Couple Behind the Curtain: A Conversation with Daniel Raim By Hillary Weston
10 Things I Learned: Rumble Fish By Curtis Tsui
Rumble Fish: Lose Yourself By Glenn Kenny
As it has evolved, Jane Campion’s body of work has come increasingly to exhibit a powerful unity, centered on a commitment to depicting the psychosexual realities of women’s lives. In her feature films, she homes in on the subjectivity of one woman, chronicling how, for better or worse, she finds her life irrevocably changed by a strong (but ultimately sensitive) man. Most famous is The Piano (1993), with its gothic narrative of a woman trapped in an empty marriage who is given new direction in life through an intense erotic encounter. But all of Campion’s features offer versions of this story, as if each were a piece in an overall experiment in which Campion was testing how women wend their way through the thorny terrain of heterosexual desire and dread.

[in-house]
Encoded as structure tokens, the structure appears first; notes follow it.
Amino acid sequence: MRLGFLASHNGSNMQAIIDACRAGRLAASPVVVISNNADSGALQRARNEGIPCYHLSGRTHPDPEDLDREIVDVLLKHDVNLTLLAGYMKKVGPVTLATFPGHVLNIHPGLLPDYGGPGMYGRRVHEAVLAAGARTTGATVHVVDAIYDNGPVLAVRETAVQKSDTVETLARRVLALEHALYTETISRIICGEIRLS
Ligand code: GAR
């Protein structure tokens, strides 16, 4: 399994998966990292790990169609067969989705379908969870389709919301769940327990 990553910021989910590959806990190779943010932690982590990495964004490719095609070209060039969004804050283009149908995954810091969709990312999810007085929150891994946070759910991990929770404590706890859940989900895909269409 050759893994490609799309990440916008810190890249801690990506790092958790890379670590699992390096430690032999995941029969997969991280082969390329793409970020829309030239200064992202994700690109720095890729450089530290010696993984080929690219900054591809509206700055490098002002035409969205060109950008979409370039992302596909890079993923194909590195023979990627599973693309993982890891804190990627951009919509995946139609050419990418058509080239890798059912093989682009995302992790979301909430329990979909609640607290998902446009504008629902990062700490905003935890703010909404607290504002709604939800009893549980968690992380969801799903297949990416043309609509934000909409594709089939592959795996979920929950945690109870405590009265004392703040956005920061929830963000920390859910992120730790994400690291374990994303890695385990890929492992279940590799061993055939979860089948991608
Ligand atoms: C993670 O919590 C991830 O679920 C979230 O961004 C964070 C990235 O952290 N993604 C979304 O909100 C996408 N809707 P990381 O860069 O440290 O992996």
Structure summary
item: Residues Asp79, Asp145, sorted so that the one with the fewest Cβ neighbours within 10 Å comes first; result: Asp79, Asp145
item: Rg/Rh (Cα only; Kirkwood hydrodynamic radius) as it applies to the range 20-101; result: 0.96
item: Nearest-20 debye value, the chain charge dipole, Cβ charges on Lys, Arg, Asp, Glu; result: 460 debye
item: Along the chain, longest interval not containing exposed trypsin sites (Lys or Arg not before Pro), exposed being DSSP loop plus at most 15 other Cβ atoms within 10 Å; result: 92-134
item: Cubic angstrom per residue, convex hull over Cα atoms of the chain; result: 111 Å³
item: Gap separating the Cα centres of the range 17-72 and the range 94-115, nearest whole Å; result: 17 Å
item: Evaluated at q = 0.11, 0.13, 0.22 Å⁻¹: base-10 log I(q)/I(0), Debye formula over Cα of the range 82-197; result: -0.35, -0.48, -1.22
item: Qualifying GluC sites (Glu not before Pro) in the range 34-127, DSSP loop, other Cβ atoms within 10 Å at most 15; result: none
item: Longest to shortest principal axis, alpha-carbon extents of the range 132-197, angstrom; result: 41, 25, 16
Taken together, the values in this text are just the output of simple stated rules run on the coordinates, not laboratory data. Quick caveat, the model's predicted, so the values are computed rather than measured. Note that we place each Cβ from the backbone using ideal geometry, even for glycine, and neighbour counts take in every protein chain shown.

Elements of this story line appear even in Campion’s earliest shorts, although these works—An Exercise in Discipline: Peel (1982), Passionless Moments (1983), and A Girl’s Own Story (1983)—are also unique experiments, and not just in their form and youthfulness. Made while she was a student at the prestigious Australian Film Television and Radio School, they are marked by a distinctive, often wacky visual style, one that her first feature, Sweetie (1989), shares. Sweetie, in fact, can be seen as a bridge between Campion’s tentative, probing film school works and her subsequent features, anticipating the later films’ intense focus on single female characters in emotional crisis while retaining the visual inventiveness, and some of the narrative fragmentation, of the shorts.